Real estate and homeownership overlooked in the employee benefit matrix

Real estate missing from employee benefits and perks at work

From healthcare to daycare, Facebook’s $4,000 baby gift to Zillow shipping breast milk, perks at work and employee benefits continue to increase. Yet, real estate is overlooked as one of the key contributors to employee stress, distraction and productivity, and is a missing link to the employee benefit package and perks at work.

It’s time to think about addressing stress caused by homeownership and the productivity gains of settled employees who are satisfied and content with their home and living environment. It’s time to think about how homeownership can be integrated into perks at work.

Whether the majority of your workforce is comprised of live-to-work GenY‘ers, work-to-live boomers or a combination of all generations, our obsession with real estate is a real, everyday distraction that can significantly compromise corporate productivity.

Real estate and Maslow’s Hierarchy of Needs

Maslow identified it best, representing ‘real estate’ as shelter, under Safety, the second most basic, important need. Maslow concluded that if shelter needs are not satisfied, people feel anxious and are stuck, unable to move beyond this need toward the next step in personal development.

Yet, real estate today looks a lot different than ‘shelter’ of 1954. The 50’s saw an explosion in residential construction to meet the big demand for starter homes. Baby boomers were born in this era and would become one of the most influential generations of the developed world. David Foot, in Boom, Bust and Echo, predicted shifts in market trends from just this single generation alone, that are still highly relevant today.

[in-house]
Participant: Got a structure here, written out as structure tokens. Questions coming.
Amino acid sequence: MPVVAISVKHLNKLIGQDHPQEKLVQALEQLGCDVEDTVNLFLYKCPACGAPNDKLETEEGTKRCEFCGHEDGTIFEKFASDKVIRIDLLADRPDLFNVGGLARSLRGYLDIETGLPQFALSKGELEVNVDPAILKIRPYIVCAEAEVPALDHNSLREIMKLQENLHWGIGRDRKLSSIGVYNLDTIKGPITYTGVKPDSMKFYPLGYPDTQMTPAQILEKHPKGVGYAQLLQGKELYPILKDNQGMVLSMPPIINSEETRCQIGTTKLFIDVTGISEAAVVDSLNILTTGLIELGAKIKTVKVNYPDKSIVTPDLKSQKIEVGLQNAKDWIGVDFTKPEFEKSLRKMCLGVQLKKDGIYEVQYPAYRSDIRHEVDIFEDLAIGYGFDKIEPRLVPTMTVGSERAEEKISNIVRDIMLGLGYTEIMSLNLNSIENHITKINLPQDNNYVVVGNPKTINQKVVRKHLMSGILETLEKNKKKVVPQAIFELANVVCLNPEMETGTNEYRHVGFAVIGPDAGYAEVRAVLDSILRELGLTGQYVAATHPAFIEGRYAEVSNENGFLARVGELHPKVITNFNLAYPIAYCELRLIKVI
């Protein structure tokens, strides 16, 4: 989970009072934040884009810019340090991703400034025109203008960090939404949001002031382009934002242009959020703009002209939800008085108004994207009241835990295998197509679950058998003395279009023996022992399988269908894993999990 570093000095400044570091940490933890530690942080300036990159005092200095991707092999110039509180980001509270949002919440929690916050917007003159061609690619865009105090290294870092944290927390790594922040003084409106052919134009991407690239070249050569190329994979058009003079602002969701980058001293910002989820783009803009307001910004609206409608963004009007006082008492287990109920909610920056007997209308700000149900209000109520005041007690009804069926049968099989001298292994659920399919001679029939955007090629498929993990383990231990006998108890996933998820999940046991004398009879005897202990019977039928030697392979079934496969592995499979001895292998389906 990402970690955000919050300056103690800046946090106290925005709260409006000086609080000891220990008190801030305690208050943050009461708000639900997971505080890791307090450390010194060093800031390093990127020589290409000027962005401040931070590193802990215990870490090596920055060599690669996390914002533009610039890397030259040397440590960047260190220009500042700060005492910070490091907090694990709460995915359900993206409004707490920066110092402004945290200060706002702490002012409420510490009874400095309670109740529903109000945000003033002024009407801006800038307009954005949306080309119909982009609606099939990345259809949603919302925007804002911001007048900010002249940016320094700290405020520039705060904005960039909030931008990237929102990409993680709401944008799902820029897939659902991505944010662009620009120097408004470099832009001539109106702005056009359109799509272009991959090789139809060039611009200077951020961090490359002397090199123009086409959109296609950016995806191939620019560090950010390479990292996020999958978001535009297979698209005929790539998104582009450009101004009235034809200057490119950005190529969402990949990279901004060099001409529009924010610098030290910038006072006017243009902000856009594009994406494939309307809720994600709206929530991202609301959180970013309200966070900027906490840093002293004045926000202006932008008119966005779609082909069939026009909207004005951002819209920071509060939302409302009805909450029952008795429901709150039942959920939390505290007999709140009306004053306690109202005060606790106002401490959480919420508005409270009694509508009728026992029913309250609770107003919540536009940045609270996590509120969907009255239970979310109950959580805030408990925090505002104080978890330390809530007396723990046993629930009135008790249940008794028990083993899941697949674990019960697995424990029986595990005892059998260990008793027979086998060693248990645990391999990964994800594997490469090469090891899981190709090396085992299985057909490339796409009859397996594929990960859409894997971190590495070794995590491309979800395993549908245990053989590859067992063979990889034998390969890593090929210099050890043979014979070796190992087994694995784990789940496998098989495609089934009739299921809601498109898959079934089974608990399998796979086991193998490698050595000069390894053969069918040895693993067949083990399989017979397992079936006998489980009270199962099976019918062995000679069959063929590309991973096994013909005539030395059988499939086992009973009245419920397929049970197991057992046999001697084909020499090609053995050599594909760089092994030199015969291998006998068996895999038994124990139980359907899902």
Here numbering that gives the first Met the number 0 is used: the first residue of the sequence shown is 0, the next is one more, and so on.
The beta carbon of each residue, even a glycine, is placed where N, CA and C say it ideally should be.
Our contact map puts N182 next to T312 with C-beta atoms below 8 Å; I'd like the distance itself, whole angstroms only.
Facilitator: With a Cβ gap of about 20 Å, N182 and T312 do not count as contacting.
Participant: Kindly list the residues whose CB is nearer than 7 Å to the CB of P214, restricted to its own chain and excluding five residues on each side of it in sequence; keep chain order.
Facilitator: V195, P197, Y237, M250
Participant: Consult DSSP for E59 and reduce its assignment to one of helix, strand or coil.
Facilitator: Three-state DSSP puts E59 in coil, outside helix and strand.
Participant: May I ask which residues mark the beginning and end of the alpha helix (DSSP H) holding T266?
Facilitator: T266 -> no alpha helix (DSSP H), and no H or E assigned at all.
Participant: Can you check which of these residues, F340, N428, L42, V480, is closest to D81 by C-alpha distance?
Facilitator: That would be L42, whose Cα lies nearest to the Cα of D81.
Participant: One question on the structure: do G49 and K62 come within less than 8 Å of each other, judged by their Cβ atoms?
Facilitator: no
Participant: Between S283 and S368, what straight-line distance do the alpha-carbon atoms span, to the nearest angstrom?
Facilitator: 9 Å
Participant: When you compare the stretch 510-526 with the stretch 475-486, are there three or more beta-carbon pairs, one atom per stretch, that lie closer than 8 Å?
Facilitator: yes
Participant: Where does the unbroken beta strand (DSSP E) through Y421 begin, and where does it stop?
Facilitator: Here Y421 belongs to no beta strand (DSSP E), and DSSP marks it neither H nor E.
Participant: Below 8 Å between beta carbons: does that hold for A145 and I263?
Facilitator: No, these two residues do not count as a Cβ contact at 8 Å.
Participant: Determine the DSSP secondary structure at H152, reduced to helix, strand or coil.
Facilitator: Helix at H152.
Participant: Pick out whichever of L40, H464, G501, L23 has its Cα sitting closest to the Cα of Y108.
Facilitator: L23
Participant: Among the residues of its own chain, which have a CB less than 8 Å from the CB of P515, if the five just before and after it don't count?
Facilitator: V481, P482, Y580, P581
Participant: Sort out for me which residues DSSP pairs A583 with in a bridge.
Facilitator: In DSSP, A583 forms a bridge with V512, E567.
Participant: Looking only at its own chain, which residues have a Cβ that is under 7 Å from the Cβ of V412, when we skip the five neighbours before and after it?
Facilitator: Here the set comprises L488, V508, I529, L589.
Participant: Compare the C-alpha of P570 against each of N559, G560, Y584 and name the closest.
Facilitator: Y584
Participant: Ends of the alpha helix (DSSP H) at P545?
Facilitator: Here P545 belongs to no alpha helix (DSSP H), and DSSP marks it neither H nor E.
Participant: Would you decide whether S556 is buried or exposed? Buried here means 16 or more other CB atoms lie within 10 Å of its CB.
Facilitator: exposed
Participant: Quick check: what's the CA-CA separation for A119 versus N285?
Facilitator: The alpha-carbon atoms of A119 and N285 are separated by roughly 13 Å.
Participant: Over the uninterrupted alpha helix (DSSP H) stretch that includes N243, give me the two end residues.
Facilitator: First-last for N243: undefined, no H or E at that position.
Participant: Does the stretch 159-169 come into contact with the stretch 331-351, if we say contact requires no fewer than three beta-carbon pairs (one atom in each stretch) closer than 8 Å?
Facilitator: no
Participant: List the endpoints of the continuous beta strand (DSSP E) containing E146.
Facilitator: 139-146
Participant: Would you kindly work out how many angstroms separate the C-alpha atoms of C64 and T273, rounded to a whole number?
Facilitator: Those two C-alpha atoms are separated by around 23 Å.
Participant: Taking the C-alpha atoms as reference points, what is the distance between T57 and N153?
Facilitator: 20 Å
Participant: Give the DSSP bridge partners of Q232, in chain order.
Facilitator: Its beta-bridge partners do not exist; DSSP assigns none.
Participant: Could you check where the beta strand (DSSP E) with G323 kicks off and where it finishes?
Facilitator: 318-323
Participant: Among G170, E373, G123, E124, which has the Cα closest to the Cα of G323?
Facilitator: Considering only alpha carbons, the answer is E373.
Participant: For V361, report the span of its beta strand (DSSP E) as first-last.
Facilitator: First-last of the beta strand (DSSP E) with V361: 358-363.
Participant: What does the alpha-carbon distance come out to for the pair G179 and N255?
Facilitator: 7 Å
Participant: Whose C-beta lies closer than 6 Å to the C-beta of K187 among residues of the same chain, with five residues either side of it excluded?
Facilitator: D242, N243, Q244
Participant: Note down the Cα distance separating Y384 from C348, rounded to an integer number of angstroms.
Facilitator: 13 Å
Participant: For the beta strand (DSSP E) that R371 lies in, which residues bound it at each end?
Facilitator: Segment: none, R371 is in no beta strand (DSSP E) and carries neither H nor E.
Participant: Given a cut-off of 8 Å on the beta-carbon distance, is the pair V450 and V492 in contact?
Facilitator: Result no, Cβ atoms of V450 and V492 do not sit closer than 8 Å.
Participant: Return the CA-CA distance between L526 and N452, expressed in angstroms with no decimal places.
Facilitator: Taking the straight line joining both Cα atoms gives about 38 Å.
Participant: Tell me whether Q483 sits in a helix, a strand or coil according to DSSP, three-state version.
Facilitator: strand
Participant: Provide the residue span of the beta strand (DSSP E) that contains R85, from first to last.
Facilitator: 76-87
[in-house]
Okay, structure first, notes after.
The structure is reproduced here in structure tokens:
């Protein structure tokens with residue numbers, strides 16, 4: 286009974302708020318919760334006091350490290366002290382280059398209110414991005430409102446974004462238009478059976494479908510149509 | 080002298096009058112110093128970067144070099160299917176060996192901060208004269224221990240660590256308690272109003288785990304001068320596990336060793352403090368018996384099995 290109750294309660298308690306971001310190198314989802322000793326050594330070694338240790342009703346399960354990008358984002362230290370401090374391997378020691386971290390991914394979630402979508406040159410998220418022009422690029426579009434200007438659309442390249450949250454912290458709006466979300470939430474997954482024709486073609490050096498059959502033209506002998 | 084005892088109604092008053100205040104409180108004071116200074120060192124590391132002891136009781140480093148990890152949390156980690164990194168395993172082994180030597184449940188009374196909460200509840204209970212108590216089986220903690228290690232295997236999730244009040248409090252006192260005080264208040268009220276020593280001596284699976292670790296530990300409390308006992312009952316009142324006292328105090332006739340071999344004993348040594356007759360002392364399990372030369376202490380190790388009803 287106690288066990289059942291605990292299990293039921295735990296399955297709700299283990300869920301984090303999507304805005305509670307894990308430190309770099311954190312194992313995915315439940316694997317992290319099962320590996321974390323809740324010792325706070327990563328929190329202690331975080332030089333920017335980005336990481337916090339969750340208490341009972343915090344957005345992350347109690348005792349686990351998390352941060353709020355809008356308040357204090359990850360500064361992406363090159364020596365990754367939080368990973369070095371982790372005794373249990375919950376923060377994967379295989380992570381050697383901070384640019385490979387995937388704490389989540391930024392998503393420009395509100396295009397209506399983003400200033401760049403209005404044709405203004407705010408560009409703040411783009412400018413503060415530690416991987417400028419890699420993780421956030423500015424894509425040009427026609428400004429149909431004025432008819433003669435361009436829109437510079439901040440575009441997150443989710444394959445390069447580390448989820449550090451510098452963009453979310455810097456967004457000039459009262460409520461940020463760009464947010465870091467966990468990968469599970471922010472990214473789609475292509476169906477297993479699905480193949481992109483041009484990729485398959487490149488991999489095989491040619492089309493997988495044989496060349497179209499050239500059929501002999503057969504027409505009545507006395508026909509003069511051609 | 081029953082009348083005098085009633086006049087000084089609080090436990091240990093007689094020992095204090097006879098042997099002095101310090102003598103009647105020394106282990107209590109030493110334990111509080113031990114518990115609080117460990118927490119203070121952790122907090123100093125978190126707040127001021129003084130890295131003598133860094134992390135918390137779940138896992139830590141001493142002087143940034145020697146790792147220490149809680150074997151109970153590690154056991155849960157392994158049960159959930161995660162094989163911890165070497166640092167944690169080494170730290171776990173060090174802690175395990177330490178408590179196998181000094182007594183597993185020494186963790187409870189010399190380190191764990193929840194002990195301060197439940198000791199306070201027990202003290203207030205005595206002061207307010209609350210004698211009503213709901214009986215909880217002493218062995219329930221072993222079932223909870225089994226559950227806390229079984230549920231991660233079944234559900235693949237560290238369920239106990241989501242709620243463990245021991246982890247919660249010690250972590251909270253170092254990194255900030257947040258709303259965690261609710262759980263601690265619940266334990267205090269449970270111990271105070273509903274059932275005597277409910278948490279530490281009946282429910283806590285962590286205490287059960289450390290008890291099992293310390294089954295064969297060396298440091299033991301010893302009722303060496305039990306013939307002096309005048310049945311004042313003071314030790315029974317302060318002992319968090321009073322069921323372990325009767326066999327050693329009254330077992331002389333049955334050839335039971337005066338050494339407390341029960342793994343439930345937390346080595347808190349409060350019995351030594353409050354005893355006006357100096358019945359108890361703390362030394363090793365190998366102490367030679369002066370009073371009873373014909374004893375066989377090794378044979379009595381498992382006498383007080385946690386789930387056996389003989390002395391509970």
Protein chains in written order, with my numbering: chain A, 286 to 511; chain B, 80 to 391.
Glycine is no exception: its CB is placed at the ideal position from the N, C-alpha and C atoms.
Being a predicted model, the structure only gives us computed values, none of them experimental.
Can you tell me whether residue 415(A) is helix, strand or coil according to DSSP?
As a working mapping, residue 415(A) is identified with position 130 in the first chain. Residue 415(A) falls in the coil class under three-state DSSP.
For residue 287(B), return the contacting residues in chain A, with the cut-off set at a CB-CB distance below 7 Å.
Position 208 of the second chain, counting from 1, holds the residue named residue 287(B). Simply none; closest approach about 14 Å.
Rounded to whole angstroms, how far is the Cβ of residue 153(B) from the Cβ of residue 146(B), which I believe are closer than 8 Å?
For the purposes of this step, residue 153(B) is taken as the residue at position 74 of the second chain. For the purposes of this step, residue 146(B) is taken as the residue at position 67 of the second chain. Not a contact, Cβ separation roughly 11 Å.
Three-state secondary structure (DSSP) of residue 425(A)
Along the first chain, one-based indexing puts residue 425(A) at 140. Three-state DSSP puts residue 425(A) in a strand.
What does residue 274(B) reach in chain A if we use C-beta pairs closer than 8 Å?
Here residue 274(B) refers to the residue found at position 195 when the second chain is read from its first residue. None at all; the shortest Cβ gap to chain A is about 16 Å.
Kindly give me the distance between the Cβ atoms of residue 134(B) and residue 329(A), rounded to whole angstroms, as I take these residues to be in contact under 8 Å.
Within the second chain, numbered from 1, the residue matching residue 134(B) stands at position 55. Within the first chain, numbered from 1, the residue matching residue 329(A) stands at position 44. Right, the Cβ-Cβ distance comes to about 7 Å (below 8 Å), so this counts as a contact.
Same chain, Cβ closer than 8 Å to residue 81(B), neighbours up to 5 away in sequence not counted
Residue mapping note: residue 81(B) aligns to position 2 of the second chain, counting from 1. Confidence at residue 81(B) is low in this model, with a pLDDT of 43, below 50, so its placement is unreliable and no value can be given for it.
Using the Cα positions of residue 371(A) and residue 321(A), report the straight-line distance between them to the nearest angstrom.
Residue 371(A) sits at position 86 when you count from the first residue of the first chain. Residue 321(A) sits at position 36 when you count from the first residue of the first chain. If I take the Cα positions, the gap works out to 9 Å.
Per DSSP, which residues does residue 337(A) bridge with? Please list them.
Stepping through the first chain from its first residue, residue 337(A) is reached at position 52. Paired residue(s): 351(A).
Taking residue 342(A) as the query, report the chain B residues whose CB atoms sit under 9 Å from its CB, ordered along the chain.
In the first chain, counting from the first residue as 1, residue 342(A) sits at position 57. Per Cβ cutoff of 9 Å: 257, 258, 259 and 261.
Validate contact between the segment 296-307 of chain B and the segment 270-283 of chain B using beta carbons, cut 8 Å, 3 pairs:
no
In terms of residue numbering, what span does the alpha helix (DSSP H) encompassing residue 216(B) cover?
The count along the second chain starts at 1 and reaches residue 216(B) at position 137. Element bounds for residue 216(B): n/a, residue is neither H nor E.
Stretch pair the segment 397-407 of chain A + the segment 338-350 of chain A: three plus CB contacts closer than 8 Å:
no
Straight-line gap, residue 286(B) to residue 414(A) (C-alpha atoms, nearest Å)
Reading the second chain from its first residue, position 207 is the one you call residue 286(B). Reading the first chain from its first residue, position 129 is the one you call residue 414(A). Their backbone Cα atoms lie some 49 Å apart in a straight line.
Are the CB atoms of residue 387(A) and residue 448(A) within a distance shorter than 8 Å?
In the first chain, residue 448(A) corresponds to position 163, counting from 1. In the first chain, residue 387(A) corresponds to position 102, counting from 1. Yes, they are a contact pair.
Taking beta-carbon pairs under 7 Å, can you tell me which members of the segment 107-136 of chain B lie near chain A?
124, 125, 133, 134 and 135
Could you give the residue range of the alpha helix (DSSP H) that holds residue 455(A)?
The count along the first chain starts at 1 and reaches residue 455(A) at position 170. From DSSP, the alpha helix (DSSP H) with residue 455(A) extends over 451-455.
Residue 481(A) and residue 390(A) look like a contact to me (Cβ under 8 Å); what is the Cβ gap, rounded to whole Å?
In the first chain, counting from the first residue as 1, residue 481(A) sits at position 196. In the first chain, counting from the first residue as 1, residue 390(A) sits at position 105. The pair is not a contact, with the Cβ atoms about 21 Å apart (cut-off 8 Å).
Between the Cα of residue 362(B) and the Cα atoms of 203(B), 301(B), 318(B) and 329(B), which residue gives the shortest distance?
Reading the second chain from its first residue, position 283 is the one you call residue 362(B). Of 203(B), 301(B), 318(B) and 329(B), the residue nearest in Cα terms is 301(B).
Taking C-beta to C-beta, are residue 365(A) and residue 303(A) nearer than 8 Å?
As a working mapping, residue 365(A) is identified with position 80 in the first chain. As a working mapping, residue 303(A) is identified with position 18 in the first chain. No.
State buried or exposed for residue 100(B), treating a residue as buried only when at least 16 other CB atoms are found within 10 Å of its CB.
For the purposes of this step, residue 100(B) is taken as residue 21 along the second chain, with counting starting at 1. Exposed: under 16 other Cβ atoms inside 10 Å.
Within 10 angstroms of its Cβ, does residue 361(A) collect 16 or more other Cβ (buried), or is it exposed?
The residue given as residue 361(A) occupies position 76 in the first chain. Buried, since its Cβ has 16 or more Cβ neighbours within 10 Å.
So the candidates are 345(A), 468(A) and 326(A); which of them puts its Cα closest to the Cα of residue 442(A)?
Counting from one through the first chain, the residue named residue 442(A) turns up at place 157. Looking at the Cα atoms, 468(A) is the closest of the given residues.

As boomers grew up to become the hardest working, two-income earning generation of all time, so did affluence, consumption and the demand for luxury. Boomers entering the workforce in the 70’s drove real estate demand for downtown apartments and condos, just as Millennials are driving it today as they search in city centers for convenient, bike-to-work accommodations.

In the late 1970’s, boomers progressed to the suburbs in search of space and neighborhoods to accommodate family, just as the GenY s are bidding on single detached suburban homes today.

Employee homeownership stress

As the single largest personal investment, employee preoccupation with the real estate industry to sustain financial wellness is both distracting and highly stressful. Real estate is no longer just about shelter. Rather, real estate has transcended to how we define ourselves and how much we invest in a lifestyle, that’s funded by debt made up of 1st and 2nd mortgages, credit lines, loans and credit cards.

GenY’s face significant compromises and are extending themselves far beyond affordability to gain a foothold into real estate and homeownership. High debt is the new normal and mortgage lenders are sounding alarm bells when household debt climbs over 30% of gross income. Further, for boomers, downsizing has become part of a financial retirement plan strategy and a real estate correction could thwart an employee’s retirement dreams. Yet, despite this distraction and effect on productivity, real estate continues to stand outside of employee benefits and perks at work.